Western Living Magazine
Home Tour: Inside This Mountain-Modern Home
A Seven-Bedroom Pied-a-Terre Designed to Bring Family Together
Design Crush: Inside a Psychedelic-Assisted Therapy Clinic in Calgary with Natural, Serene Vibes
Recipe: Green Papaya Salad from Chef Angus An
Recipe: Scallop Ceviche from Maenam’s Chef Angus An
3 Classy Australian White Wines to Toast Olivia Newton-John With
The Best Beginner Hikes In and Around Whistler
Getaway Guide: How to Spend One Perfect Day on Galiano Island
Where to Eat, Stay and Play in Canmore
‘West Coast North’ is a Love Letter to Western Canadian Architecture and Interiors
Design Obsession: This Roll-Up Drying Rack Is Maybe My Favourite Thing in the Kitchen
10 of the Hottest Homewares for Summer 2022
Announcing the 2022 Designers of the Year Finalists
You’re Invited to the Design Party of the Year!
DotY 2022: Our Judges for the Maker Category Can’t Wait to See What You’ve Got
There's no one pushing boundaries like Osoyoos' Moon Curser.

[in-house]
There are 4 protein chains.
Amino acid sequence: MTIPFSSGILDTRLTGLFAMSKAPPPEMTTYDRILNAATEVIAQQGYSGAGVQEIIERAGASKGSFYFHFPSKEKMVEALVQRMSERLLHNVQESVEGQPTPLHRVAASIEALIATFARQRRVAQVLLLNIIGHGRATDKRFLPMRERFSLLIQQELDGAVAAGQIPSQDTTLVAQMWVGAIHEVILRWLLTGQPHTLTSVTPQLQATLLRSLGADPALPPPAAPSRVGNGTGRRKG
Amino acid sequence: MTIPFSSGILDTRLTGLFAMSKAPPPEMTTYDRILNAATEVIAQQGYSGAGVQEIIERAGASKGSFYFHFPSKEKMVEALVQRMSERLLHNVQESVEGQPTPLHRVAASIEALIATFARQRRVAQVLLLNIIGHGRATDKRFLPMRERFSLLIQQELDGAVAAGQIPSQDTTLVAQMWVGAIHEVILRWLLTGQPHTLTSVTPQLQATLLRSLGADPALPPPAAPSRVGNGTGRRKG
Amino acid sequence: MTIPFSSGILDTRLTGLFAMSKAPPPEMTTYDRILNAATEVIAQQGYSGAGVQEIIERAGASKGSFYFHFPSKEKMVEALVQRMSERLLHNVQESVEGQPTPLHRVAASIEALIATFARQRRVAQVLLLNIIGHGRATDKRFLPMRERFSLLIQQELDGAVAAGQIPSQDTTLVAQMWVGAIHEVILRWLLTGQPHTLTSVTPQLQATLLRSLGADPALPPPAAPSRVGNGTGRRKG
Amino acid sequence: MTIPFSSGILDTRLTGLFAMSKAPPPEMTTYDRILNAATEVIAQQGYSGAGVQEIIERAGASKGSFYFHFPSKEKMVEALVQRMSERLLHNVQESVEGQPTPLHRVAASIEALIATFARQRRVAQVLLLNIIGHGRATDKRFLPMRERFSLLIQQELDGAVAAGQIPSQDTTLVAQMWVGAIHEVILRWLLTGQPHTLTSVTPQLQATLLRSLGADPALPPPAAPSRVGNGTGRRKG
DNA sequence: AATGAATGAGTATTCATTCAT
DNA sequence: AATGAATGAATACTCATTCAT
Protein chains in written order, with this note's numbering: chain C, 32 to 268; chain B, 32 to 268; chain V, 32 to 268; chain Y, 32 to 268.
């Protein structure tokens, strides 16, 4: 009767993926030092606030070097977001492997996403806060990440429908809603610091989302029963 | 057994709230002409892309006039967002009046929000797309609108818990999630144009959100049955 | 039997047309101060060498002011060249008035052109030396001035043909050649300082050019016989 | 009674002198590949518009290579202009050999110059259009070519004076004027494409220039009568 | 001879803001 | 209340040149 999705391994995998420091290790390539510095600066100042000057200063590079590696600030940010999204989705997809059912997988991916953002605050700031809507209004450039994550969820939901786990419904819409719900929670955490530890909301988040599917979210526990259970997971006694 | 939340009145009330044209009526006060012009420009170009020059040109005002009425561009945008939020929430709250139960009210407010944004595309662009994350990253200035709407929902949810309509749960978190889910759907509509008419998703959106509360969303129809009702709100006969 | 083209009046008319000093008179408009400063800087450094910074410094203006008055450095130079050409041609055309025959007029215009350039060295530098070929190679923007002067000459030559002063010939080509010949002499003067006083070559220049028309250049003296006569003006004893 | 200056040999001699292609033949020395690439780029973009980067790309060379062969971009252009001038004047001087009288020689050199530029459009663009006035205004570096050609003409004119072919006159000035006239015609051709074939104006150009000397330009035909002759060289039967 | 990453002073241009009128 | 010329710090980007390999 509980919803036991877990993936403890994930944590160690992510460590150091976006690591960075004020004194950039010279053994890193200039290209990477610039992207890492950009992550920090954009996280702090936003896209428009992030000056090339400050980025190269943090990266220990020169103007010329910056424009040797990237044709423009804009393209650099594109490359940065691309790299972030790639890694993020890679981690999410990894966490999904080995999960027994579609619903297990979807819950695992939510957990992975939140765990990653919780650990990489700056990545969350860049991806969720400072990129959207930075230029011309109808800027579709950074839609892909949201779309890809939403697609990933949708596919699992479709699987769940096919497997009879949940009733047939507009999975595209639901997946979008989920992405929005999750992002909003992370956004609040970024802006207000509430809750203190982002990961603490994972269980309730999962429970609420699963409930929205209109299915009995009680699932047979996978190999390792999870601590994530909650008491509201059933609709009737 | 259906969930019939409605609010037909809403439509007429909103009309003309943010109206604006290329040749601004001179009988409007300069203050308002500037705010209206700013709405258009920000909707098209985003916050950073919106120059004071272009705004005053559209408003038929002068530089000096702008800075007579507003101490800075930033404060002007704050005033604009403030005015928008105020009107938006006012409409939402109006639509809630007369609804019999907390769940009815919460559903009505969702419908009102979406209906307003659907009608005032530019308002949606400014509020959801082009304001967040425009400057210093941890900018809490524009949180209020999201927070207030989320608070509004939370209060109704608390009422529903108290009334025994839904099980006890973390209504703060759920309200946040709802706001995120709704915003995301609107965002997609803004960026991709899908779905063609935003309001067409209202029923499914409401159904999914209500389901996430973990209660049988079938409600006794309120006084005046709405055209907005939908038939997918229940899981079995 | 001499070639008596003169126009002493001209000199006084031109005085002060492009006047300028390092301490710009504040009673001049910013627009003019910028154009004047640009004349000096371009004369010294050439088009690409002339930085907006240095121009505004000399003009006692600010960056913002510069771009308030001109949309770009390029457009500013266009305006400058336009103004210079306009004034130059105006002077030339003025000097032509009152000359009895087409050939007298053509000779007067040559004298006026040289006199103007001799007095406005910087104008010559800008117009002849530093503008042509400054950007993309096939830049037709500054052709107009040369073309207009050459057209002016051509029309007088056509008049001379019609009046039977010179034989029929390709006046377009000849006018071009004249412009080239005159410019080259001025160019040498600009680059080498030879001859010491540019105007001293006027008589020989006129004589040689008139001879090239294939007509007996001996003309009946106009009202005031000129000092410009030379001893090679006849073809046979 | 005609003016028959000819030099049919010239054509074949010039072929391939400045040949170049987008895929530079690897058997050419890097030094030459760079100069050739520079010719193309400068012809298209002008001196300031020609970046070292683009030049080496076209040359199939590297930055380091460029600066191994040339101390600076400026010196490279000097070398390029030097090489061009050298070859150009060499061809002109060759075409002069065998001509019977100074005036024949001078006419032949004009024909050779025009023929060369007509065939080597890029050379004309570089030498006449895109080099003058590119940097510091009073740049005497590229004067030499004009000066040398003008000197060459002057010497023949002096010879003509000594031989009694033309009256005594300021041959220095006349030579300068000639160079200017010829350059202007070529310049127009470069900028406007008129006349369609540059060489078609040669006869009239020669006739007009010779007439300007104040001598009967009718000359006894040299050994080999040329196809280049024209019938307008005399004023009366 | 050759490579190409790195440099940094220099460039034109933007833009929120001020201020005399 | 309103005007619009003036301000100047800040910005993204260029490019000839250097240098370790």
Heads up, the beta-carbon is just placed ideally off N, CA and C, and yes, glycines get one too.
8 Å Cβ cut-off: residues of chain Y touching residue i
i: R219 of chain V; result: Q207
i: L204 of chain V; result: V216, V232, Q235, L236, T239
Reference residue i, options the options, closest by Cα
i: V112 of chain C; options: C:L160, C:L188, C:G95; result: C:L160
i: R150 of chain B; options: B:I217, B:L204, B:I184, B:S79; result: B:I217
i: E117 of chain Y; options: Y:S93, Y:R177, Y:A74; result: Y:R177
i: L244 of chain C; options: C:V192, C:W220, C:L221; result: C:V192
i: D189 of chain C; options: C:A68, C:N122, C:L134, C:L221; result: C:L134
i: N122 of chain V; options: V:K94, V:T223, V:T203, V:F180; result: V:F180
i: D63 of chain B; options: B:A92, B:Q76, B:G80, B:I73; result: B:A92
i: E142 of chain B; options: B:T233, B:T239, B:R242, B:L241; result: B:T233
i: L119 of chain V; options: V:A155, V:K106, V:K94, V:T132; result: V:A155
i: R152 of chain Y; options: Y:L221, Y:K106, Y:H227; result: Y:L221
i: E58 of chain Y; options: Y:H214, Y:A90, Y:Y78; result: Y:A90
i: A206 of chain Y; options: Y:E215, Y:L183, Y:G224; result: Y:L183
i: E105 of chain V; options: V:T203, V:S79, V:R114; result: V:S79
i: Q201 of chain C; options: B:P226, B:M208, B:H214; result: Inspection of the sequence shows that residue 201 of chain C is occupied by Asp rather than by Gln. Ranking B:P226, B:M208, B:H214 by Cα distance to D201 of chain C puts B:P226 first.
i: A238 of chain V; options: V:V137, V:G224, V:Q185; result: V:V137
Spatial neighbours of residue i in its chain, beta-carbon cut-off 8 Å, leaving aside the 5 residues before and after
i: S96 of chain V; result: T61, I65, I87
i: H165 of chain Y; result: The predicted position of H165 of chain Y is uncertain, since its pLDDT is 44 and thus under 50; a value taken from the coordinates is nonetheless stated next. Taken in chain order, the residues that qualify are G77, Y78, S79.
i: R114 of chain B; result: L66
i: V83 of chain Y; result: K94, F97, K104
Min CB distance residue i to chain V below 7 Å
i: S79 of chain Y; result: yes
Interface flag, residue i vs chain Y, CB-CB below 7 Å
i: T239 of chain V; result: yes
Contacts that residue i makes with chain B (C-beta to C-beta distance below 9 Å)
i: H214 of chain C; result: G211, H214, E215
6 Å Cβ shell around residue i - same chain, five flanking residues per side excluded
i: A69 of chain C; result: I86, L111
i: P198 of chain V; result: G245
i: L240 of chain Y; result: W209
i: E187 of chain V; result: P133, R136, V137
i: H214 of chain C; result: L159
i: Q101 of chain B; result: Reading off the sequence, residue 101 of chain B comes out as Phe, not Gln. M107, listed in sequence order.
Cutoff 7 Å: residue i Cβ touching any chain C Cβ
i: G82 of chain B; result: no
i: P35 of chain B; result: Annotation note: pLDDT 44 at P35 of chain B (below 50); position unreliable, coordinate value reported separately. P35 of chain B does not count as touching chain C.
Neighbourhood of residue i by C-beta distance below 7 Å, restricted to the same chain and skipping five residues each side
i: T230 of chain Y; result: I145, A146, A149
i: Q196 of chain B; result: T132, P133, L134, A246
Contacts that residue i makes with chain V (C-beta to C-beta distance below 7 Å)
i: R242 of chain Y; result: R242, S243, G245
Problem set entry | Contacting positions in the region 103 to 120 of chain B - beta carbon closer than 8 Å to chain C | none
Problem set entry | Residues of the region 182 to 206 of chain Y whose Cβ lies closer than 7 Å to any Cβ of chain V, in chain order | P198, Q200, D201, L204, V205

Pinot Gris grows well in the Okanagan and consumers seem to very much enjoy drinking it. That statement seems obvious now, but when Grey Monk’s George and Trudy Weiss first planted the grape back in 1976 – they were nuts. Not only did they have no idea if it would grow, they had no idea if anyone would buy it even if it did—and that sort of folly is vital to an emerging wine region.Wine is big business in the Okanagan these days, which is why when I see Moon Curser growing Arneis, Dolcetto, Tannat or Touriga Nacional I can’t help but thinking they’re the spiritual descendants of the Weiss’: busting first through the wall, innovating and experimenting as they go. There’s no Pinot Gris safety net in their line-up: to make a go of it, they not only have to successfully figure out how to grow the above untested varieties, they then have to educate a wine-buying public that has hundreds of safe best at the ready, to take a chance on a grape they’ve likely never heard of.But what a reward you get when you take that leap. I recently uncorked a 2012 bottle of their Touriga (it’s the noble grape of Portugal btw and is often the backbone of great Port) that I had laid down— and it was a revelation: still bristling with energy and blasts of chocolate and ripe plum.But most importantly it didn’t taste like anything else in the Okanagan. Ditto the Arneis, with it’s green apples that are both crisp and waxy at the same time while draped in soft florals. The Dolcetto tastes more like it’s Italian forebearers, but given that good Italian Dolcetto is so hard to find in this market, it’s still a Godsend.So next time you’re in front of the counter at your local store, ask what sort of consumer are you? Do you want to go with the tried and true, or is this an area where you’re okay going on an adventure with a pair of dreamers?